A new paper in Science claims to have ascertained the locus of origin of the Indo-Europeans, Mapping the Origins and Expansion of the Indo-European Language Family. These are bold claims, and naturally have triggered a firestorm. No surprise, the same happened with these researchers when they published the result in 2003 that Proto-Indo-European flourished ~9,000 years ago, in alignment with an “Anatolian hypothesis,” as opposed to a “Steppe/Kurgan hypothesis.” The original paper in 2003 utilized phylogenetic methods which are common within biology, and applied them to linguistics. This second paper now incorporates spatial information into their model, to generate an explicit locus of origination, in addition to the dates for the bifurcations of the node.
In relation to results I think that the figure to the left is the most important, because it gives us their inferred dates of separation between various Indo-European language families. Observe that Italic and Celtic did not diverge in prehistory, but in history (i.e., the Sumerians and Egyptians were flourishing at the time). Additionally, the diversification pattern is not a simple “rake,” there is internal structure. They may date the origin of Indo-European languages to the early Holocene, but the diversification seems to have happened in steps and pulses. Though the authors support the Anatolian hypothesis, they also seem quite comfortable acknowledging that the real story is more complex, though you wouldn’t get that from the media.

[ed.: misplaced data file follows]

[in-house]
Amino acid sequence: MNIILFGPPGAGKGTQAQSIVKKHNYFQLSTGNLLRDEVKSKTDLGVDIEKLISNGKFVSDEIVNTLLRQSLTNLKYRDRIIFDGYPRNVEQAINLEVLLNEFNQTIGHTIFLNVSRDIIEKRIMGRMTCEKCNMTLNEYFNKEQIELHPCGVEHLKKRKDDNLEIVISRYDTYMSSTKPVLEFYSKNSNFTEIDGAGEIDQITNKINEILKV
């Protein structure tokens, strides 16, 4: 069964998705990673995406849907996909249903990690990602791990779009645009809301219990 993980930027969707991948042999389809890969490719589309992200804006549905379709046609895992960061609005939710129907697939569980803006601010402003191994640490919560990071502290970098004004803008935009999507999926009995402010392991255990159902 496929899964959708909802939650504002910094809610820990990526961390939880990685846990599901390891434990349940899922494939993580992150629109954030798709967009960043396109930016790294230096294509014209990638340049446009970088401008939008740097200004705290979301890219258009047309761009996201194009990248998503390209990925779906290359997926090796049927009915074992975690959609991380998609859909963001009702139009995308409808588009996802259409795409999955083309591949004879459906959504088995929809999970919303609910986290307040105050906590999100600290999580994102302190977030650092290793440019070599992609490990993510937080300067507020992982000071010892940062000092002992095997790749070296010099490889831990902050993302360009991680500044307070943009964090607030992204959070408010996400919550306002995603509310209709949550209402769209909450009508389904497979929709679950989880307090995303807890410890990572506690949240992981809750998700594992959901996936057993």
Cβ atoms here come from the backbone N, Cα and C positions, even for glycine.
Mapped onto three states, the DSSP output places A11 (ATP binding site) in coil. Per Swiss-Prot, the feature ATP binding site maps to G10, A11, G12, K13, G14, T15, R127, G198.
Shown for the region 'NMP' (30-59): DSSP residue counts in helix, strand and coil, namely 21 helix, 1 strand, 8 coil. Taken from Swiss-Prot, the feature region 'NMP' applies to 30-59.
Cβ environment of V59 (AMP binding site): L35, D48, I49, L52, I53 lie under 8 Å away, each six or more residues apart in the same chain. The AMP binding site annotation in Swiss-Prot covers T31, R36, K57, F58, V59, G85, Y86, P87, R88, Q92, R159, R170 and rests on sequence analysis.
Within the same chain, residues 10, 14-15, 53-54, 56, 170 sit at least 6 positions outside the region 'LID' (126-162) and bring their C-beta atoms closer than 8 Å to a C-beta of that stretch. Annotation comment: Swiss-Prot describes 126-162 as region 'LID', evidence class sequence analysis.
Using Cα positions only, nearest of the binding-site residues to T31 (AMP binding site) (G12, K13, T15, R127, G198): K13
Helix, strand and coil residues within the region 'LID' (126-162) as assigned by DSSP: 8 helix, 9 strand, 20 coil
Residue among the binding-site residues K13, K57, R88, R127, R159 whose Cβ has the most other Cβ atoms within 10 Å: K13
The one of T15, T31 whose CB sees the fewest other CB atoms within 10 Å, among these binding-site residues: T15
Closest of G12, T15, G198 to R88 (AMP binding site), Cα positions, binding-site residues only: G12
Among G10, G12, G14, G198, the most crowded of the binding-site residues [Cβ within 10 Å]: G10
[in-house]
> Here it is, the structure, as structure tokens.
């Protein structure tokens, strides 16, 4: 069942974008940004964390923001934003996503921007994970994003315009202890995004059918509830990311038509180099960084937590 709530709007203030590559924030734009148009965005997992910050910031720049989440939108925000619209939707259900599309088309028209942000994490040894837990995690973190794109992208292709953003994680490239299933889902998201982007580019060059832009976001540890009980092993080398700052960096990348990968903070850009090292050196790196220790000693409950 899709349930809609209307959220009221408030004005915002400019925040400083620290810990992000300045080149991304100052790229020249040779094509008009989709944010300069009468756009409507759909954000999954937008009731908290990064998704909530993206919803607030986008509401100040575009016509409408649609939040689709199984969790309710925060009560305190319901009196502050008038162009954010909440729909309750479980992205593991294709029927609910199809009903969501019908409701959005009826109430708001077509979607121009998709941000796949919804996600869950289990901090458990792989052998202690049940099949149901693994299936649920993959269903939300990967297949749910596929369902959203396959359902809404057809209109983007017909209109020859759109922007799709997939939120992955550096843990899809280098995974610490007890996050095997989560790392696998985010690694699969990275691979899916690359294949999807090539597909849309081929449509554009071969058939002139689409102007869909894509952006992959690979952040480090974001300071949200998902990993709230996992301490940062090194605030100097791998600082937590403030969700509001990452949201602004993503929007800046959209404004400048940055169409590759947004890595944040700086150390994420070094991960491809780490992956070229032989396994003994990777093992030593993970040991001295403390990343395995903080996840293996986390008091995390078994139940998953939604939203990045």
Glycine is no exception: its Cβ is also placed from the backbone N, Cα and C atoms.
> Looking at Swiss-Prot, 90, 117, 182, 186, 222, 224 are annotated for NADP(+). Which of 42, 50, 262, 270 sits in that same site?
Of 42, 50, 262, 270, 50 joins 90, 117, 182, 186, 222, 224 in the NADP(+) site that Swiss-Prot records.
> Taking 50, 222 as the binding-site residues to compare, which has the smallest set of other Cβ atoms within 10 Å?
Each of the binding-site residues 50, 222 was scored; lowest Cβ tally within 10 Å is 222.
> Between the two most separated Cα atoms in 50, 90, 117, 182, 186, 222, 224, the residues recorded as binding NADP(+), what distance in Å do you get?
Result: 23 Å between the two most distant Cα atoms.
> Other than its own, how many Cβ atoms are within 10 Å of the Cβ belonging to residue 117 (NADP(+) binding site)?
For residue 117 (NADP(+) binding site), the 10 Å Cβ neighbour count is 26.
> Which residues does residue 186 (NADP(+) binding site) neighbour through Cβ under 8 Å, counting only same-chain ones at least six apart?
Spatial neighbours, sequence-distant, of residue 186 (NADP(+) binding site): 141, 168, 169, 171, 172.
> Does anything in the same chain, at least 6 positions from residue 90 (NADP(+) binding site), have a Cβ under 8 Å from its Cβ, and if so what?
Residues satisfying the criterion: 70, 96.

School girls in Hunza, Pakistan
A few days ago I observed that pseudonymous blogger Dienekes Pontikos seemed intent on throwing as much data and interpretation into the public domain via his Dodecad Ancestry Project as possible. What are the long term implications of this? I know that Dienekes has been cited in the academic literature, but it seems more plausible that this sort of project will simply distort the nature of academic investigation. Distort has negative connotations, but it need not be deleterious at all. Academic institutions have legal constraints on what data they can use and how they can use it (see why Genomes Unzipped started). Not so with Dienekes’ project. He began soliciting for data ~2 months ago, and Dodecad has already yielded a rich set of results (granted, it would not be possible without academically funded public domain software, such as ADMIXTURE). Even if researchers don’t cite his results (and no doubt some will), he’s reshaping the broader framework. In other words, he’s implicitly updating everyone’s priors. Sometimes it isn’t even a matter of new information, as much as putting a spotlight on information which was already there. Below is a slice of a bar plot from Worldwide Human Relationships Inferred from Genome-Wide Patterns of Variation. It uses STRUCTURE with K = 7. To the right of the STRUCTURE slice are two plots of individual data on French and French Basque from the same HGDP data set using ADMIXTURE at K = 10 from Dodecad.